Northern Ireland’s Democratic Unionist Party appears to have had a change of heart on the subject of Brexit lately. Having spent the last 4 months being the ultimate gloomsters and extolling the damage to The Union it will bring their leader in the House of Commons, Jeffrey Donaldson, said in an interview with BBC Northern Ireland’s Spotlight programme that “in the end customs checks doesn’t mean that you change the constitutional status of a part of the United Kingdom” before going on to acknowledge the potential opportunities.
Whilst this is a welcome development from the province’s largest unionist party it however rings rather hollow as they haven’t exactly been bystanders in the whole Brexit process. Having been in a confidence and supply arrangement with the Conservative Party in the last parliament the DUP were much closer to the action than other parties and held a degree of influence, though much less than they made out. In the last chance negotiations of the Withdrawal Agreement with Prime Minister Boris Johnson they were consulted very closely on the development of the Northern Ireland Protocol. Or at least they were until they walked away, outraged that it put a “Border in the Irish Sea”.
Now on the surface of it this may seem like a perfectly reasonable objection for a party of their ilk but on closer inspection their objections were somewhat more self serving. The protocol itself basically means, in the absence of a UK-EU trade deal, that after the transition period Northern Ireland will remain aligned to EU regulations for food and manufactured goods as well as remain in the UK’s customs territory but have customs controls applied to goods transiting NI for the Republic of Ireland or at high risk of going ending up there. Four years after its commencement the continuation of the whole arrangement will be dependent on the consent of the NI Assembly. In the negotiations the DUP agreed with all these measures except for the consent mechanism.
Whilst the DUP were very keen on a local consent mechanism, which was previously absent in the anti-democratic aberration that was The Backstop, they disagreed over its function. The DUP, having become born again guardians of the Good Friday Agreement that afternoon, wanted the continuation of the protocol to be dependent on a quirk of the NI Assembly called a cross community vote. This requires a majority of unionist and nationalist members being in favour of a motion for it to be carried, giving the DUP an effective veto in this scenario. The EU however weren’t so keen and preferred a straight majority vote, the government was satisfied with this also seeing it as a reasonable compromise but as they wouldn’t budge on this point the DUP flounced off.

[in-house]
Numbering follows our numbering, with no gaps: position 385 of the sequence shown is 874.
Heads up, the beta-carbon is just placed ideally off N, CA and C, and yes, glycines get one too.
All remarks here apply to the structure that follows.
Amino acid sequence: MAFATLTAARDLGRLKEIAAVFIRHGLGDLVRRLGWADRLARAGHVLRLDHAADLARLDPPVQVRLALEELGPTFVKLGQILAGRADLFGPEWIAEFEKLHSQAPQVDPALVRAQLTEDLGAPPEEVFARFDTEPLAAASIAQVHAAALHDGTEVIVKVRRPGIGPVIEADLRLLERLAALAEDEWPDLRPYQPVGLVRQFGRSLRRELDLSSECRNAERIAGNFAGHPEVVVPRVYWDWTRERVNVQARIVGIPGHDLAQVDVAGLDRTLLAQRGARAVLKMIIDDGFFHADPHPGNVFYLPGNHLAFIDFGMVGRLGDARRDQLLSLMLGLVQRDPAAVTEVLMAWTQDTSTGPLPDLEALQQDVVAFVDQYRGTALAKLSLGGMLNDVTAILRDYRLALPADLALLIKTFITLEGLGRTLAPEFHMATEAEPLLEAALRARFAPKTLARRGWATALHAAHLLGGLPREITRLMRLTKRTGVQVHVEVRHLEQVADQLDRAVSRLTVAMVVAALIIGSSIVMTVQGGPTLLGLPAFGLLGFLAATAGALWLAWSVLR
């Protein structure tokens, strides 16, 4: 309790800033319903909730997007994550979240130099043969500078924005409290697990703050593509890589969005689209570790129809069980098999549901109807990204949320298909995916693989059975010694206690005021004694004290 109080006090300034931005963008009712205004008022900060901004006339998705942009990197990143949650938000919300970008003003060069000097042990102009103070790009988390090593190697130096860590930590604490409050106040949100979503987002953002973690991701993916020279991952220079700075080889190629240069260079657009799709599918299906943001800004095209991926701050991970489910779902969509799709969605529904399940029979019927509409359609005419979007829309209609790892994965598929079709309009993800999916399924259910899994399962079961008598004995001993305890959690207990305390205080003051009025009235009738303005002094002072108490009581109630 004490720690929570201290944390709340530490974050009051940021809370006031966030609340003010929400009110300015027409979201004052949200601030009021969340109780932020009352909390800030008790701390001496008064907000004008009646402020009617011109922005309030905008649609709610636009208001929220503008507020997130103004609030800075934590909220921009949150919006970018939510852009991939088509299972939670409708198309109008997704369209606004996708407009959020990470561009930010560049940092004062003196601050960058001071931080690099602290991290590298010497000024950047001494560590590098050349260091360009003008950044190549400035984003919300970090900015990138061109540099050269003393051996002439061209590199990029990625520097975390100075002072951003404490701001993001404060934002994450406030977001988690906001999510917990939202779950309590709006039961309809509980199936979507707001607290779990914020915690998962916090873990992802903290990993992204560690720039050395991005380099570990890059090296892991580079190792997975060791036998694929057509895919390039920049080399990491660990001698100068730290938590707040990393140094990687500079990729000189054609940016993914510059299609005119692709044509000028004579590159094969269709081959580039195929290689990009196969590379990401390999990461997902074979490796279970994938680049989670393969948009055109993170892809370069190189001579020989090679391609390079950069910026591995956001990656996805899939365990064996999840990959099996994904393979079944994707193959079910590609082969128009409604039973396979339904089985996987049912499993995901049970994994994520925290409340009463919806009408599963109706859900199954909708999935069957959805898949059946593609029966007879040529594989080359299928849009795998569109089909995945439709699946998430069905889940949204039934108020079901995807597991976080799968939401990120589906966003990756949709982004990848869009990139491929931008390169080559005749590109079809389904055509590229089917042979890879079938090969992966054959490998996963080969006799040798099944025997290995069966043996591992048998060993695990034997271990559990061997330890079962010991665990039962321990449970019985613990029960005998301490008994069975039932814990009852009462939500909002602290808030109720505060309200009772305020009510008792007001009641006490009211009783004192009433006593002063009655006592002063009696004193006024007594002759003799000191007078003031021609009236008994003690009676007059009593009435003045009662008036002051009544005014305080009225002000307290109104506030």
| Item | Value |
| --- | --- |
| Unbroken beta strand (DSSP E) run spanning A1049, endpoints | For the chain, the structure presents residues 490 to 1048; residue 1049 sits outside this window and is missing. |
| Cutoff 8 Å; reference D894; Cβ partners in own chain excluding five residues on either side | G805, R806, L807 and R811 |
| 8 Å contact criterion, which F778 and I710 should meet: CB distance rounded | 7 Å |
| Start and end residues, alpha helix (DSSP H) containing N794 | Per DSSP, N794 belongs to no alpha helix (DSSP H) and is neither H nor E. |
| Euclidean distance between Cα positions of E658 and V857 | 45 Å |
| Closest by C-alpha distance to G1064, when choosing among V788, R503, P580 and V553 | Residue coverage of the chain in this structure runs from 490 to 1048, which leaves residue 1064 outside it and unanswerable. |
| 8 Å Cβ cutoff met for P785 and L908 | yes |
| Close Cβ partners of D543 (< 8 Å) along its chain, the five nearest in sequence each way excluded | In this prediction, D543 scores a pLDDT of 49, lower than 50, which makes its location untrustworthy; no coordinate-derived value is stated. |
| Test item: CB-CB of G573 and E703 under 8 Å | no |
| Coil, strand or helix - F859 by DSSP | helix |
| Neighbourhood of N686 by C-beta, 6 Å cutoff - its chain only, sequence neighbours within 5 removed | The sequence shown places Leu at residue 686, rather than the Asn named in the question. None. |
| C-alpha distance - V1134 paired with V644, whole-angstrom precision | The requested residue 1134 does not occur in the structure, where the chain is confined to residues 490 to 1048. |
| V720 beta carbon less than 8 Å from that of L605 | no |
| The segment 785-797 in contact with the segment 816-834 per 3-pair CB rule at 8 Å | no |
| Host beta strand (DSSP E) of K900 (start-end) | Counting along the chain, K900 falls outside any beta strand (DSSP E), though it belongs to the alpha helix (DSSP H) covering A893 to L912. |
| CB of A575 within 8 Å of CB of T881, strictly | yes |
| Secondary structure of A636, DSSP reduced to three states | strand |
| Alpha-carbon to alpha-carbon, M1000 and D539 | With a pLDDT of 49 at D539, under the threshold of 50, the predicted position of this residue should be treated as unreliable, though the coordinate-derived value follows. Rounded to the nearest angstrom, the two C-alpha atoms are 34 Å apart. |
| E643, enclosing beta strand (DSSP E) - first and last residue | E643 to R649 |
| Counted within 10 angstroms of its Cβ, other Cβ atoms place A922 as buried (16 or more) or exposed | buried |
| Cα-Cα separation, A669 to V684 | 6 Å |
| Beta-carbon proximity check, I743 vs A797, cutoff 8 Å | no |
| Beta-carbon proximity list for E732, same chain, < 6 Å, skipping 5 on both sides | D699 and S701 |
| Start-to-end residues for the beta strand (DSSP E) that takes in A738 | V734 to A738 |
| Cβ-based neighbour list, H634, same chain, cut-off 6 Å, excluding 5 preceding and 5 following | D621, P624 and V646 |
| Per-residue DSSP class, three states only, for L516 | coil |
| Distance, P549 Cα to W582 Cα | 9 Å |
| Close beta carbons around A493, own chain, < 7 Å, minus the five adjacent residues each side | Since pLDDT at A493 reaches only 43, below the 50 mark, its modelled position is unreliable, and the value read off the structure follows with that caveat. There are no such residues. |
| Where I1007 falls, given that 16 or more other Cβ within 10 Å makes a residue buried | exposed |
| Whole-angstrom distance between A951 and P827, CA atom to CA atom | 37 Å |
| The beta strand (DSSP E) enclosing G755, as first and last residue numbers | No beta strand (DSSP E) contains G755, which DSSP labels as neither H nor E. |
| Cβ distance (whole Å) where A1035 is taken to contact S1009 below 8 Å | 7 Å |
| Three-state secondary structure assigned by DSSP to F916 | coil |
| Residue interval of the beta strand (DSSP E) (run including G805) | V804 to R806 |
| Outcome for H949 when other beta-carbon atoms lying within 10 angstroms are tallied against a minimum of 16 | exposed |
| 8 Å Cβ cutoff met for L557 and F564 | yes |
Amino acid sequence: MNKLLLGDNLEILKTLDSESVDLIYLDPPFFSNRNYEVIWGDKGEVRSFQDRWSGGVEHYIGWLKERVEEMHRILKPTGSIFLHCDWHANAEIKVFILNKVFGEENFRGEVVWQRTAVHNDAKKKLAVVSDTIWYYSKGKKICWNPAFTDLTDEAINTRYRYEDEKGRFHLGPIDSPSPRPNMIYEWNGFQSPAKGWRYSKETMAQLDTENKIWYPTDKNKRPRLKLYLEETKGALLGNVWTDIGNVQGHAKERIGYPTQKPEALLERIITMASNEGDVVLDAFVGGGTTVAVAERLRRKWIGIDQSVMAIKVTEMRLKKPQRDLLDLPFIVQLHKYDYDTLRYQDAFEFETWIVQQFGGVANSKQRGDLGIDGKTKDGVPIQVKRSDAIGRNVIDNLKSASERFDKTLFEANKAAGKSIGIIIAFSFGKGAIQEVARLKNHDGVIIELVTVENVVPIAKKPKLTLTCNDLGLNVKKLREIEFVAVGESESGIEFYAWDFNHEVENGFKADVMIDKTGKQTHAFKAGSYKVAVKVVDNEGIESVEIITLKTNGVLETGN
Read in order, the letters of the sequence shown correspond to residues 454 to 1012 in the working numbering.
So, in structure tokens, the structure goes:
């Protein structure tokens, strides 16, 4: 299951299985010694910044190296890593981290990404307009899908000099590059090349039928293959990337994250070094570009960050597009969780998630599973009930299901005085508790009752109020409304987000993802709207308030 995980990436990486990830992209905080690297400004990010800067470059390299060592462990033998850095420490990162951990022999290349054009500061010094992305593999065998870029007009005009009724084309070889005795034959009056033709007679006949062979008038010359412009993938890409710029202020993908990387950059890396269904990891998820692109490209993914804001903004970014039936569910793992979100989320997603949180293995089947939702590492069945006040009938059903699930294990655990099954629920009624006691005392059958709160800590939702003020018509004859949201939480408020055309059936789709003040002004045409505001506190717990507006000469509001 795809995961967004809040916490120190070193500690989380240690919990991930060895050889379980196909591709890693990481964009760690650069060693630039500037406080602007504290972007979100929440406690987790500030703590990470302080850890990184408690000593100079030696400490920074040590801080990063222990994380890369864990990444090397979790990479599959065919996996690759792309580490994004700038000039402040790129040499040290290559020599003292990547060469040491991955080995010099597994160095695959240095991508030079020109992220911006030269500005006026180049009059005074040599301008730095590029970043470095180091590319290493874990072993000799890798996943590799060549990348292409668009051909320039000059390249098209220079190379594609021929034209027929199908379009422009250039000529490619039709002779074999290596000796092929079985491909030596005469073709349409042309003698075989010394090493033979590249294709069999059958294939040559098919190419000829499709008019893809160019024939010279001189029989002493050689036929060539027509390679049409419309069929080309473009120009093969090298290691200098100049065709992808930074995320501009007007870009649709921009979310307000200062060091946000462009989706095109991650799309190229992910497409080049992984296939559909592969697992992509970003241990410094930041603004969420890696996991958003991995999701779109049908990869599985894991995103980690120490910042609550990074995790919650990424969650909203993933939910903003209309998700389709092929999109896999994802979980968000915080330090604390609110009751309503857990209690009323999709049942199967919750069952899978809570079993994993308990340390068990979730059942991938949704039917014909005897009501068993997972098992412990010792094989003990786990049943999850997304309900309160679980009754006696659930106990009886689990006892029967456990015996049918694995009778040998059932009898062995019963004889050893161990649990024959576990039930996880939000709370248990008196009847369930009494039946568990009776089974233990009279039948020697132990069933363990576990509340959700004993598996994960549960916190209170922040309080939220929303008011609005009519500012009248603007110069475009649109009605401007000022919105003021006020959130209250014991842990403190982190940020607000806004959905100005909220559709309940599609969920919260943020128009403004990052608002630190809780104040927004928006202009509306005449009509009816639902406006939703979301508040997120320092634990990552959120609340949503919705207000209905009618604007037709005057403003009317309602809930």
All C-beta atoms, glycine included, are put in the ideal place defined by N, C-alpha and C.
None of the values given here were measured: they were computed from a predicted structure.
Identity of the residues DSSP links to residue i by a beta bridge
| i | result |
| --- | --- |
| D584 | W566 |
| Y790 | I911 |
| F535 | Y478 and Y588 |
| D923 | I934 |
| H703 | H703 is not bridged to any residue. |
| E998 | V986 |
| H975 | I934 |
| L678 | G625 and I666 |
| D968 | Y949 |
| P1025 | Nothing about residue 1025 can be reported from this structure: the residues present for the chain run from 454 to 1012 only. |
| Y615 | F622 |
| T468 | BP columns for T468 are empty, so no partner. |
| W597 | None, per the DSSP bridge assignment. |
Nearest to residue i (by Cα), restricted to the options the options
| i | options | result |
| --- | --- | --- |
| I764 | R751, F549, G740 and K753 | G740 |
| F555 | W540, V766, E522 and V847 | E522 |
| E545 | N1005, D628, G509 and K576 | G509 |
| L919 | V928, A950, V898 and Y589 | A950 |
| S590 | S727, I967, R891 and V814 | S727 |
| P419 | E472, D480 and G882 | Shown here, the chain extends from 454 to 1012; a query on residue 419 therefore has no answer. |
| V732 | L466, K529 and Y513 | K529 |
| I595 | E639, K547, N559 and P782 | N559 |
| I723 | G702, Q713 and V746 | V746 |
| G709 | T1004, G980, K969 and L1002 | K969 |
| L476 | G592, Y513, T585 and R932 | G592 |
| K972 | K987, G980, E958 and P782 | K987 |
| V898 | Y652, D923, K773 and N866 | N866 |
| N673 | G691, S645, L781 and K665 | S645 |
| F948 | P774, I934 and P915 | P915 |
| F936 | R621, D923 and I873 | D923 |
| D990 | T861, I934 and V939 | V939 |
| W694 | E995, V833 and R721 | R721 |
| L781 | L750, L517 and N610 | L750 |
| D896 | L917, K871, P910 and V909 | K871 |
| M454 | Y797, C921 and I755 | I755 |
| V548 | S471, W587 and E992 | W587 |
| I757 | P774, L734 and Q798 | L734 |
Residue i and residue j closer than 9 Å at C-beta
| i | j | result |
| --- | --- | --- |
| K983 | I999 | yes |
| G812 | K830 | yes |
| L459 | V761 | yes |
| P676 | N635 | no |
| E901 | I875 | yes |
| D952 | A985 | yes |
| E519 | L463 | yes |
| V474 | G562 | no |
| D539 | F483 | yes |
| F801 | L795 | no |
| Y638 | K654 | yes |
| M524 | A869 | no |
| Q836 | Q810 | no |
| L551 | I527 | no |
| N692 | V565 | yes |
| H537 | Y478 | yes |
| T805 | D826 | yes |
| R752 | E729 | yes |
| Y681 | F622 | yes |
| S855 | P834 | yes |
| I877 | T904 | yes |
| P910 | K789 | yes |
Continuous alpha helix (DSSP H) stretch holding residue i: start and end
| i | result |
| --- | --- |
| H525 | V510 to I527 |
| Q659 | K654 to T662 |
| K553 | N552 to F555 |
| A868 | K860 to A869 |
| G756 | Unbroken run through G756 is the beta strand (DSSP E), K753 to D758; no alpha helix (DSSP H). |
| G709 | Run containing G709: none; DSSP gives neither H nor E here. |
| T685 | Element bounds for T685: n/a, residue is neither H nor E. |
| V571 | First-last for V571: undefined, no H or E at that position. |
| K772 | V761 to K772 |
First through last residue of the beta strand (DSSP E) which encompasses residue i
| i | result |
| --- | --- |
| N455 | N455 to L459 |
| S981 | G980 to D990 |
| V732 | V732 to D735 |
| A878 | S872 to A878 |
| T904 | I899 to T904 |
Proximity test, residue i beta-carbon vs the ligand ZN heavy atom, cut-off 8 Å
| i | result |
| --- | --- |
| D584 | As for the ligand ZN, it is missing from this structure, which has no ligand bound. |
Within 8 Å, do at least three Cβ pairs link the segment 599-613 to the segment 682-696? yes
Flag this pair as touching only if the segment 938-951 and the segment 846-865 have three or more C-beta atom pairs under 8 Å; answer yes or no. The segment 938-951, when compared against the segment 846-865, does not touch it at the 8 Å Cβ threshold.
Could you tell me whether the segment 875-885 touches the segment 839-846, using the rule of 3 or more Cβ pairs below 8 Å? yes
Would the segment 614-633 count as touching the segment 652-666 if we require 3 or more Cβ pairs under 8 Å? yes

All of a sudden everything that they had been totally fine with previously had become a “Border in the Irish Sea” and they returned to Belfast shouting betrayal. They then took this rhetoric on the road in the ensuing general election campaign, even unironically invoking Carson at “Betrayal Act” rallies organised by their reactionary proxies. Unfortunately for them this didn’t cut much ice with the voters as I found out on the doorstep. While people of all persuasions were skeptical of the NI Protocol in general they didn’t quite buy the DUP’s analysis, in most cases just seeing their stance as another one of their periodic tantrums.
This turnaround by the DUP also has an added dimension of ignominy with their behaviour since the general election. Despite the passage of the Withdrawal Agreement they have tried to have it both ways by, in the one breath signalling their support for Brexit as a concept, then in next try to paint themselves as victims of the situation. The most egregious example of this was on the floor of the assembly last week where DUP Environment Minister Edwin Poots described the NI Protocol as “hugely damaging” and that “it needs to be changed”, casually omitting that fact that the very chamber he is a member of can decide on whether it continues to exist or not.
If the DUP are going to regain any credibility on this issue going forward then they will need to drop this victimhood mentality and acknowledge that they have a hand in shaping things. As part of the New Decade New Approach deal that restored Stormont the NI Executive will be able to send representatives to the Joint Committee that shapes the specifics of the NI protocol. To that end they should put forward candidates with a pedigree in trade negotiation and not the usual party insiders or familiar stooges to ensure the arrangements are optimised to NI’s interests.
Should the DUP wish to get rid of the NI protocol then they must spend the next four years building a coalition in the assembly to get the required majority. They will need to advance solid economic arguments for its removal that cut across party lines and present fleshed out workable alternatives. A lot of work has already been done on this, most notably by Prosperity UK, so they already have a firm base from which to develop any ideas.
Personally I doubt whether they will be capable of successfully taking such a course. The DUP are a party that doesn’t really do economics and their argument for Brexit over the past three and a half years has mostly boiled down to “We’re unionists and we want it, nuff said” so I’m not exactly filled with confidence. Whatever happens they’ve certainly got their work cut out.
This article was originally published on www.aaronrankin.com on 9th March 2020